Two seasons removed from that glorious run to gold, I was part of the local Rep team, mainly because there were only two of us the proper age to be on the team and it was an eye opening experience to say the least. Representing Stoney Creek in a AA loop of southern Ontario communities was a moment of pride but also when I finally started to turn my eyes towards being behind the bench instead of the ice. At this level, I didn't play much, and my lack of talent made me wonder what I was doing wrong. My goaltending partner that season, John, was outstanding in net and off the ice. He gave me tips and tried to help keep my spirits up as the goals against mounted and my playing time decreased. Particularly memorable was our playing a team from Sweden, a tie game in which John stopped almost 50 shots and I came to the very real vision, sitting on the bench,  that I was not going to play hockey very much longer.
I finished the season out and even went to tryouts the next year, but the writing was on the wall. I had been pulled aside by those running the team to talk about my future. It was put to me that while I would be on the team because there were only two of us the right age again, if I would accept being cut, a younger but infinitely more talented goalie could be brought on board. I had already begun coaching and knew in my head they were right, I didn't belong on that team. But my heart wasn't so sure and I told them I'd think about it and hit the ice for practice. Skating around, taking in the scene and trying to fight back the tears I felt brimming in my eyes, I knew I was done as a goalie. I took my place in net and finished the day with a final stop that funny enough was a glove save. I remember dropping the puck on the ice and saying a silent goodbye to my dreams of making the NHL. Not that I ever really thought I would make it, but when you are a kid, dreams seem so real. I skated off the ice, never again to strap on those pads and guard my net with my body and soul. A little bit of my childhood died that final skate but it did lead me to what was to be my focus and all consuming obsession for the next few years.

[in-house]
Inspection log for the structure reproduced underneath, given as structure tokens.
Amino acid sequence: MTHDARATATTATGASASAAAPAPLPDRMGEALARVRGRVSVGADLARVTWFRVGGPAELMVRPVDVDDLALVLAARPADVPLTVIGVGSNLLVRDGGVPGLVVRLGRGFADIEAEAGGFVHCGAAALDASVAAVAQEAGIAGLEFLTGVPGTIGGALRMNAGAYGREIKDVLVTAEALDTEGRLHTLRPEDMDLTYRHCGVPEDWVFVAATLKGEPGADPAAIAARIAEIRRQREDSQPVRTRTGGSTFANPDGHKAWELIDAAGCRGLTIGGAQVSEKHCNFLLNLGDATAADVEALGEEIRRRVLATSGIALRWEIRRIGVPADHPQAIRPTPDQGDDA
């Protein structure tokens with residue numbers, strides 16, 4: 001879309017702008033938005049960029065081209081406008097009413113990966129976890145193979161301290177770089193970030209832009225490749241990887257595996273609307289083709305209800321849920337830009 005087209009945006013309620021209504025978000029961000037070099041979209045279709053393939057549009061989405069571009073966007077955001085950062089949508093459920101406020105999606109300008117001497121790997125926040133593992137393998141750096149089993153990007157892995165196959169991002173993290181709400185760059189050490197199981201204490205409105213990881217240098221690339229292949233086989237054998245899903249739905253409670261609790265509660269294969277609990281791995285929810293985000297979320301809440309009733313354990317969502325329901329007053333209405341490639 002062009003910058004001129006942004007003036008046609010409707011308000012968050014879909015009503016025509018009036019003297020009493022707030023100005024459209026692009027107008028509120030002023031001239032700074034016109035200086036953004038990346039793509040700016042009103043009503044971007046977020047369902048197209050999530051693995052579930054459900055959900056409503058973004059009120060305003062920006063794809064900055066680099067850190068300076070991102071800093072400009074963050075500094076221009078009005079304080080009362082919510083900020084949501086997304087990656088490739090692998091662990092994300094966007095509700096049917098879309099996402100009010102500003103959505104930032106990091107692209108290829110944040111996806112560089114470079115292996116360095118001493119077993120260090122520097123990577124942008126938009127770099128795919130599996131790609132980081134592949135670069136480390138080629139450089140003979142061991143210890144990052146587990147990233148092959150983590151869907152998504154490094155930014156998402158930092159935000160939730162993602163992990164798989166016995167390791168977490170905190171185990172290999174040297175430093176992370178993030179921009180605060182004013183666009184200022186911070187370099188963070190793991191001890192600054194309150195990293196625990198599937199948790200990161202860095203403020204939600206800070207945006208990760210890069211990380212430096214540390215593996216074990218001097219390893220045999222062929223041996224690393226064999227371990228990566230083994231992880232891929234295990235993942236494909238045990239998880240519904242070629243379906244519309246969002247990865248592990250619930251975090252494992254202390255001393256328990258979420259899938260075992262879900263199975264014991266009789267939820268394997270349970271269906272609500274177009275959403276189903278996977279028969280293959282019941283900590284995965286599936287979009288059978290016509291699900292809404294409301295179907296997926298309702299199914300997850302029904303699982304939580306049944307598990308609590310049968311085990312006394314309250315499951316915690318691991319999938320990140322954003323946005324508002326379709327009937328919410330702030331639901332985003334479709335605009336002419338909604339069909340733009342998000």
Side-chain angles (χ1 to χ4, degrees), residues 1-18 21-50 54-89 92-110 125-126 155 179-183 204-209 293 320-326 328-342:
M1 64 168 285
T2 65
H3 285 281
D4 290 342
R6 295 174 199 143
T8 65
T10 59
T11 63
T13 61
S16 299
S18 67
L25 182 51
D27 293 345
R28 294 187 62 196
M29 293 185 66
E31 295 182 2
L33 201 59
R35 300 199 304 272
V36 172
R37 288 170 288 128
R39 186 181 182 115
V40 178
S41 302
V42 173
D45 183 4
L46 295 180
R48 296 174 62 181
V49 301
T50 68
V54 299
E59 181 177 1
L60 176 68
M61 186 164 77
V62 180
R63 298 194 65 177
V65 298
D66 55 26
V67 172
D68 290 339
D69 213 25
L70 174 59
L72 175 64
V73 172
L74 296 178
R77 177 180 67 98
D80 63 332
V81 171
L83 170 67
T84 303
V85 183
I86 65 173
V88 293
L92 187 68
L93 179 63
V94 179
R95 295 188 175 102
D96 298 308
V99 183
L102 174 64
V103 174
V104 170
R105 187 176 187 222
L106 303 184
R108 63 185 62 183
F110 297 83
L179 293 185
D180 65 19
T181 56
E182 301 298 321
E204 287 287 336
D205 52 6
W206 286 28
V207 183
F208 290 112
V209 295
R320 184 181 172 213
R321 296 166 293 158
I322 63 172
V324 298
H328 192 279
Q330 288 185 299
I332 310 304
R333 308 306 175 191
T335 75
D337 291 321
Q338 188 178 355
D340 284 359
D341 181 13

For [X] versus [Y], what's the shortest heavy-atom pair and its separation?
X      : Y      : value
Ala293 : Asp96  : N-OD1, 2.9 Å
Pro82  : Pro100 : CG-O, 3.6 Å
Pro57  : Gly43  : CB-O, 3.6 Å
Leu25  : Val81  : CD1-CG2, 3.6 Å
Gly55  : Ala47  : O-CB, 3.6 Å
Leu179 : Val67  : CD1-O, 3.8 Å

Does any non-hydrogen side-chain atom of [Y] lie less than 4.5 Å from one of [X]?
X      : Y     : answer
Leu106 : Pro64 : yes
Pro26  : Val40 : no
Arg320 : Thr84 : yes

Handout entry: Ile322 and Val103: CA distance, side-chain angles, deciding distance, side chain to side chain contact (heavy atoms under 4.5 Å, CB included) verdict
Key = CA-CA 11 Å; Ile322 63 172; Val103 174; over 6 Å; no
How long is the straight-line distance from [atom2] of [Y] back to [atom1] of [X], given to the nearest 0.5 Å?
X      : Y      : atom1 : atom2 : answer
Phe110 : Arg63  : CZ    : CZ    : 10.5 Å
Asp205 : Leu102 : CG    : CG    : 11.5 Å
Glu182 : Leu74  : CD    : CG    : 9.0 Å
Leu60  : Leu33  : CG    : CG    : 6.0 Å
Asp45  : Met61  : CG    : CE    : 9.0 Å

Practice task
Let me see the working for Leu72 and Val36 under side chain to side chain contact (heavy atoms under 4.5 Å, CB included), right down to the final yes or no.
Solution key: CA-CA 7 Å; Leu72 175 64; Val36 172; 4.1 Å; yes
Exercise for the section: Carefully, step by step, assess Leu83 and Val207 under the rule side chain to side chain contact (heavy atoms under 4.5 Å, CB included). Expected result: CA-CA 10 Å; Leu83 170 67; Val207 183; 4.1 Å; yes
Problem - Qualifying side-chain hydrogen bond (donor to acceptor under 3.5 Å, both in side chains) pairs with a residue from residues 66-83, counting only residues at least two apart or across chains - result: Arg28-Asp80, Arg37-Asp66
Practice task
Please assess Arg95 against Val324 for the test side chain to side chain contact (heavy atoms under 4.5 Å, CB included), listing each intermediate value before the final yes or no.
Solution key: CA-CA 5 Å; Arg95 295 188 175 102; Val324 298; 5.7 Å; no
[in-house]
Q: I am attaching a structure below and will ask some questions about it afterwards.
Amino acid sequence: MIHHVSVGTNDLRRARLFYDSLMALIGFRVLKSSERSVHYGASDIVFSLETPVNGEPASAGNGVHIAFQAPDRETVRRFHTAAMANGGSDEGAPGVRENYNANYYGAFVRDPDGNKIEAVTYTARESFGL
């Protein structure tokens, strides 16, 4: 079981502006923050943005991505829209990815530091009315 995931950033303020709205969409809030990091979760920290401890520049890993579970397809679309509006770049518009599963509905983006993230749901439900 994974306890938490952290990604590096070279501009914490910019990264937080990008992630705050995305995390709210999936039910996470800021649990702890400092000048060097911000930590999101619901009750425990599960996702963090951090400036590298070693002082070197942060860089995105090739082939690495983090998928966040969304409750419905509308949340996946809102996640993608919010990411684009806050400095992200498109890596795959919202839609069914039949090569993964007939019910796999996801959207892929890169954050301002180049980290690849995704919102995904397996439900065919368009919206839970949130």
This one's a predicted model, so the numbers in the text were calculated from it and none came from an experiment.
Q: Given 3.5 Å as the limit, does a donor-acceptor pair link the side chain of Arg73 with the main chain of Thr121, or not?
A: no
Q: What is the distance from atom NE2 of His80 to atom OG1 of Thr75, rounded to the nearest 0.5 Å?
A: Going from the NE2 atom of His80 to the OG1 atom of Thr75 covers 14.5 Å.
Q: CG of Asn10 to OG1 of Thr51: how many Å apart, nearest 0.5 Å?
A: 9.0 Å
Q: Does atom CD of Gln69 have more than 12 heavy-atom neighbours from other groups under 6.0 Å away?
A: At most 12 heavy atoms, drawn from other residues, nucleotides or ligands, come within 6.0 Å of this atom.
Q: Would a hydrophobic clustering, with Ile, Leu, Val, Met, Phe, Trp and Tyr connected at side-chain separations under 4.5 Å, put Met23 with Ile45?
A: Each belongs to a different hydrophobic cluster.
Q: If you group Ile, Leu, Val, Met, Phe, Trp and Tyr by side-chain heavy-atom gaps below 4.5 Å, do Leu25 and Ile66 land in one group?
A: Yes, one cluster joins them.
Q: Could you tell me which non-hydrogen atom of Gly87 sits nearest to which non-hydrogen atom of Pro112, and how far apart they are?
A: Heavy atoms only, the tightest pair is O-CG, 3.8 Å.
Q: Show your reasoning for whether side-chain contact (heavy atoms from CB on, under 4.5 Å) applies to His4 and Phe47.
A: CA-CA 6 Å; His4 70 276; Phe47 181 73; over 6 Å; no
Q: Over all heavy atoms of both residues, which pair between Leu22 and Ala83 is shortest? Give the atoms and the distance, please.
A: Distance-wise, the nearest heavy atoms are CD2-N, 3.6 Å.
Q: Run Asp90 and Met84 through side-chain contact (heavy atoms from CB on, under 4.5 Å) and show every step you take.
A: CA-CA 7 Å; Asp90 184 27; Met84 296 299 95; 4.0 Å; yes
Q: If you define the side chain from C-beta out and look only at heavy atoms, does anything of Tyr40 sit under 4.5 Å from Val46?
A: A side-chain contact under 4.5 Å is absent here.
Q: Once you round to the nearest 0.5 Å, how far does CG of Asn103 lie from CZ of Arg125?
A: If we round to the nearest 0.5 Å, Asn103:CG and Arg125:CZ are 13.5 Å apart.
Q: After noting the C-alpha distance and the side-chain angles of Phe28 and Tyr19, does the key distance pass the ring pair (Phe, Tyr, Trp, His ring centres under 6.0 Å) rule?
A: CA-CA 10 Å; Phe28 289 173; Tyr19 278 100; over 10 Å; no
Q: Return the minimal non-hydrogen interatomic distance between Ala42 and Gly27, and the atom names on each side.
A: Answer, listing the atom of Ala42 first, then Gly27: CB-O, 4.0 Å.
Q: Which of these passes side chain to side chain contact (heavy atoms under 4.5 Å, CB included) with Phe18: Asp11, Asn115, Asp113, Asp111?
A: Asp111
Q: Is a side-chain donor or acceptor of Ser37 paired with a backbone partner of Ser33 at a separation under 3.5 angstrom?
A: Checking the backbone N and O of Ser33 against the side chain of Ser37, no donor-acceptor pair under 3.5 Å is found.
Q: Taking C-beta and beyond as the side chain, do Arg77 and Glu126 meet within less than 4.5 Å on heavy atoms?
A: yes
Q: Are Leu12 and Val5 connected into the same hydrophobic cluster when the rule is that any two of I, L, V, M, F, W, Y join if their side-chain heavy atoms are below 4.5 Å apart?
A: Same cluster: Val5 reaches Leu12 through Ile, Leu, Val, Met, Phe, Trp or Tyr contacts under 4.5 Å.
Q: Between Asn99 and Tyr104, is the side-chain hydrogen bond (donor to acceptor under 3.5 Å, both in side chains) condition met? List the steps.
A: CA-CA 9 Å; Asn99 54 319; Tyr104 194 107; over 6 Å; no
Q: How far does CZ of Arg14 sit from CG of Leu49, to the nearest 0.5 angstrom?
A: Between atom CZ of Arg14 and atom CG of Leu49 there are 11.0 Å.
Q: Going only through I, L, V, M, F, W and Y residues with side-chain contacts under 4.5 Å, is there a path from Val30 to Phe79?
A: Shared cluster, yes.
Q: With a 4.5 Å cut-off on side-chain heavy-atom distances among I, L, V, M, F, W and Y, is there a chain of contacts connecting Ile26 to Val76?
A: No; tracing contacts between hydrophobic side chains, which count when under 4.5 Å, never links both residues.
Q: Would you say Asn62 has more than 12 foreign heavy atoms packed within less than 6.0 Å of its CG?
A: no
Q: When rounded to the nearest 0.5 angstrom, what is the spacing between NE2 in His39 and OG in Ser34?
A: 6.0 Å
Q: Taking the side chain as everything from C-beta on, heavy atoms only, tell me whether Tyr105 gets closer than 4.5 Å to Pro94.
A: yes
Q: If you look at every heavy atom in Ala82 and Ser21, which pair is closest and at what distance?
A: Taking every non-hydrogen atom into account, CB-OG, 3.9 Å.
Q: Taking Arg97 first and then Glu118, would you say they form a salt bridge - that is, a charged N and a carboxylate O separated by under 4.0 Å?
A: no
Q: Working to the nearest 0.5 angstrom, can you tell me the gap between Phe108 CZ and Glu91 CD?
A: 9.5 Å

My first Head Coaching job, the 1989 Penguins of Stoney Creek
 Becoming a Hockey Coach was so much more than I could have ever envisioned and for many years, it was the path I thought I'd never get off ; until life decided otherwise. But that's a story for another day.
Game on!